Recently my daughter was in the hospital for some medical tests. She had an early morning test scheduled, so we got to the waiting area and began the process of checking in, filling out forms and answering questions. We have become used to it over the past several months. We know the system now.
This particular test was done by a doctor, so after getting prepped and in the room the doctor came in. Doctors are an interesting lot. I enjoy watching their mannerisms, their speech, how they manage the room, etc. We had a great one this day. He came in and immediately put us all at ease. He had a big smile, made eye contact with everyone, introduced himself and told funny stories.
We were at a university/teaching hospital; our doctor was accompanied by another more junior doctor and a resident, which is often the case. There were also two nurses in the room. And me! The test took about 30 minutes, and as it was wrapping up they had my daughter lay flat while they made sure all the materials and supplies were properly put away. In the midst of the hustle and bustle of the room, our doctor picked up a blanket and unfolded it. He carefully and purposely placed it over my daughter, smiled at her, tucked her in and asked her how she was doing. It seems so simple to say it now, but it was such a powerful act of service, an act of kindness.
I have observed thousands of people throughout my career and I often see people as they advance in their profession become less personally involved with direct customer care. For some reason people think that when they get promoted they are supposed to begin to delegate that stuff. In fact, having a big title and a lot of staff requires that you learn how to delegate. But that does not mean that you stop being involved. This doctor's example may have been the best I have ever seen. He did not wait for the nurse, the resident or the junior doctor to act. He actually picked the highest order task in the room, care for the patient, over anything else. I am sure he had other people waiting for him. He could have smiled and walked out of the room and we still would have been very happy. But he went above and beyond and handled that blanket himself. In a moment of stress for my daughter and me, he put us at ease.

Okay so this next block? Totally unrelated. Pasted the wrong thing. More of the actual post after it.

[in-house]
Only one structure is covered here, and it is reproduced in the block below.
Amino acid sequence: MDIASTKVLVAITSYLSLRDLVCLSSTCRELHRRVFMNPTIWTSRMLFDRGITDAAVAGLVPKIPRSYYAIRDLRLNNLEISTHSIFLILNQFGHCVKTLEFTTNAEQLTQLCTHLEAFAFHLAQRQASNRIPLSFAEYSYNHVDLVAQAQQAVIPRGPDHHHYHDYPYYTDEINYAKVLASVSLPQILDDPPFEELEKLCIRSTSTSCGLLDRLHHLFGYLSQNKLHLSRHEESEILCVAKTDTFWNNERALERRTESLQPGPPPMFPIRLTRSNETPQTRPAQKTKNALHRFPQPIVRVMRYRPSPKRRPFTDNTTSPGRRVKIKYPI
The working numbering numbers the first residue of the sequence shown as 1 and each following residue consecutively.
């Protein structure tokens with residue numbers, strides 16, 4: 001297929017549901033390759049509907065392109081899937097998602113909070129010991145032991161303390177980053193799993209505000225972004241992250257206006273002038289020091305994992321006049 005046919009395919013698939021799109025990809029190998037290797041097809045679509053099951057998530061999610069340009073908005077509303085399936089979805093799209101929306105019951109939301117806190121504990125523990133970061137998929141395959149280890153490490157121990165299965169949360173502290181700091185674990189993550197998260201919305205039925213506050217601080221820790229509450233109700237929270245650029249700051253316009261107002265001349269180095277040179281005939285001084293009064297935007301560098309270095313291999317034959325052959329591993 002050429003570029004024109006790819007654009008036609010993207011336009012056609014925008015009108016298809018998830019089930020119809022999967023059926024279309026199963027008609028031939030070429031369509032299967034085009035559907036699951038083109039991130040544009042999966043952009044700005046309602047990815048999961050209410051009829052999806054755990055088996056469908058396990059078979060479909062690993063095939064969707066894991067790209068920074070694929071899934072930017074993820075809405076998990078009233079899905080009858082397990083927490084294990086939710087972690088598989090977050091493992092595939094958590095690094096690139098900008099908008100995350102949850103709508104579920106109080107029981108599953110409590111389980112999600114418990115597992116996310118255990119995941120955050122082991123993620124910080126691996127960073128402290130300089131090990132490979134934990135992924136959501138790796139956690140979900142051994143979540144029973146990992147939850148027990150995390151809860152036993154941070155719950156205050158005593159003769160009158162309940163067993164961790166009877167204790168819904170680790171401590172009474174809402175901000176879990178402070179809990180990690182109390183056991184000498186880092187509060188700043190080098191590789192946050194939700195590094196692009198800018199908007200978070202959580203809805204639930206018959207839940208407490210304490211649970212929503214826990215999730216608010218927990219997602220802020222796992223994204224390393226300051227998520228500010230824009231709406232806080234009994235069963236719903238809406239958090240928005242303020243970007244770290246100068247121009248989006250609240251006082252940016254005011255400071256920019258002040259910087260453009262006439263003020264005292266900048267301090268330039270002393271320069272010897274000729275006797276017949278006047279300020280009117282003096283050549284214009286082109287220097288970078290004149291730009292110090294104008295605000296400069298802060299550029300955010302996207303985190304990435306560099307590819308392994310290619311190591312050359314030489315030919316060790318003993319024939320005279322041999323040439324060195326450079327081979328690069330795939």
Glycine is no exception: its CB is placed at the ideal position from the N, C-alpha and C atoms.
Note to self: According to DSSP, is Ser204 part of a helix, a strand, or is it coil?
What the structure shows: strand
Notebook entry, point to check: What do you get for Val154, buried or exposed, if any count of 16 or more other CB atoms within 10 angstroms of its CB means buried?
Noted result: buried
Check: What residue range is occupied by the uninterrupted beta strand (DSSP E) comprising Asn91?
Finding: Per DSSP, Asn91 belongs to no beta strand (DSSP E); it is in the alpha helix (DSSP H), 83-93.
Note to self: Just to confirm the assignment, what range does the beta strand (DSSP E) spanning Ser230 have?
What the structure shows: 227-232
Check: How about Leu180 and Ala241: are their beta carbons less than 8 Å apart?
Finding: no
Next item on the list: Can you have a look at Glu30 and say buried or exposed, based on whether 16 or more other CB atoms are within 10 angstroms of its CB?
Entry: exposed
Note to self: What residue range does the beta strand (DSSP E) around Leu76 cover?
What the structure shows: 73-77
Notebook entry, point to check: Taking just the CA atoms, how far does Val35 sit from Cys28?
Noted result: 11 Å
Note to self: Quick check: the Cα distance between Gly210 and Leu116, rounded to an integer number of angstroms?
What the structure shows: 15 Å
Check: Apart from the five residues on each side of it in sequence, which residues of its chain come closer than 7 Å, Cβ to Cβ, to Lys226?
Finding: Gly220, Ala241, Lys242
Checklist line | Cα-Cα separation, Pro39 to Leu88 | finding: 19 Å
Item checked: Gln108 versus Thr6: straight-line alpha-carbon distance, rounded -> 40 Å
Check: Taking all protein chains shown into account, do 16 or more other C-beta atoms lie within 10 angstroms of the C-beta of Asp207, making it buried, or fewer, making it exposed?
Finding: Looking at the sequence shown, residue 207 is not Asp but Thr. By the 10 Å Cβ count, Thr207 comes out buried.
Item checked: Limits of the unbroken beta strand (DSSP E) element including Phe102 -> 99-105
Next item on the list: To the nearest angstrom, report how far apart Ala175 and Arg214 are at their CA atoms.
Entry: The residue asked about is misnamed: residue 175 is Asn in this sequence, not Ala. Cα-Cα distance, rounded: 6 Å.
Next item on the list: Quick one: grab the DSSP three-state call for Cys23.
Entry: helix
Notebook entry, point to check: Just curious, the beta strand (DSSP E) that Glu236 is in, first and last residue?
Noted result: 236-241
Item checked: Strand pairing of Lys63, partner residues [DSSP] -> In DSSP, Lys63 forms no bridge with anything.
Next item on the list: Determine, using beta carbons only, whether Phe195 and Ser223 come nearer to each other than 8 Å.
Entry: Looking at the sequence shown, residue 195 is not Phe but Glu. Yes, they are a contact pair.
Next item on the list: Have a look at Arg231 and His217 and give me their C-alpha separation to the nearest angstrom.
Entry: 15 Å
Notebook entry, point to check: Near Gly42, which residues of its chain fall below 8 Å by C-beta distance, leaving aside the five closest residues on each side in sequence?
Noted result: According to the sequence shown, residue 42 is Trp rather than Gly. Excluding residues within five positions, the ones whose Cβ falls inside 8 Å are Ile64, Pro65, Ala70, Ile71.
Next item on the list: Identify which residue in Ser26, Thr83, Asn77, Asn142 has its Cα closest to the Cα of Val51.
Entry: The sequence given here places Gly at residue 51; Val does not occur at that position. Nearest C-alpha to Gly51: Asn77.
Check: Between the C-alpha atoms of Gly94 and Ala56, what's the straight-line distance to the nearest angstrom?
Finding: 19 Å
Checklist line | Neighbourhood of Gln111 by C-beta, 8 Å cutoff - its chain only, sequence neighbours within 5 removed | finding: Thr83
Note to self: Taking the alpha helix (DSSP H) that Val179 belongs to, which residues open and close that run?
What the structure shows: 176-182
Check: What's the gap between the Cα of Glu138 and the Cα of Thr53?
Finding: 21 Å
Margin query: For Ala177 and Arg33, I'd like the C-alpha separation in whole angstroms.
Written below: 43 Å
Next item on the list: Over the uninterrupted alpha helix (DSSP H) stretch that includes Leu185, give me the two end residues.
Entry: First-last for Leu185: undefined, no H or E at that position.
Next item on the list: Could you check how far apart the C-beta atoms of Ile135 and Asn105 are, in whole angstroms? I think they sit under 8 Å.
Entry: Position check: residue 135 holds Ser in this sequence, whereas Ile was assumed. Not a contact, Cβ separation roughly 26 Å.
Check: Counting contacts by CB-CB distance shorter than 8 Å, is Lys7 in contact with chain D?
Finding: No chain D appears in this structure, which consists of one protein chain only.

Handling the blanket yourself is not about charm or personality. The fact that this particular doctor was outgoing, funny, empathetic and charming has nothing to do with how to apply this concept. The concept is simply doing a basic act of kindness with sincerity. That little extra step of personal service does not need to be delivered with a quick wit. It can be done without saying anything.
You may not have direct contact with your customers. You may be in engineering, accounting, infrastructure, facilities or HR. Wherever you are, your simple acts of service create an outsized ring of goodness over whatever it is that you are doing. Do not wait for others to do it. Do not be concerned with job descriptions and who does what. Just do it yourself. Pick up that paper, clean up that spill or tuck in that patient.
Handle the blanket yourself. There may be others in the room or on the project with you, but that does not mean you have to wait for them to act. Look around the room or around the project and see what little touch needs to be done. Pick it up. Unfold it with care. Don't just hand it to the customer. Don't look at your phone, don't worry about your next appointment, don't worry about the costs, the contracts, the rules, the anything. Just do like this doctor did and tuck that customer in. You may not think they are watching, but they are.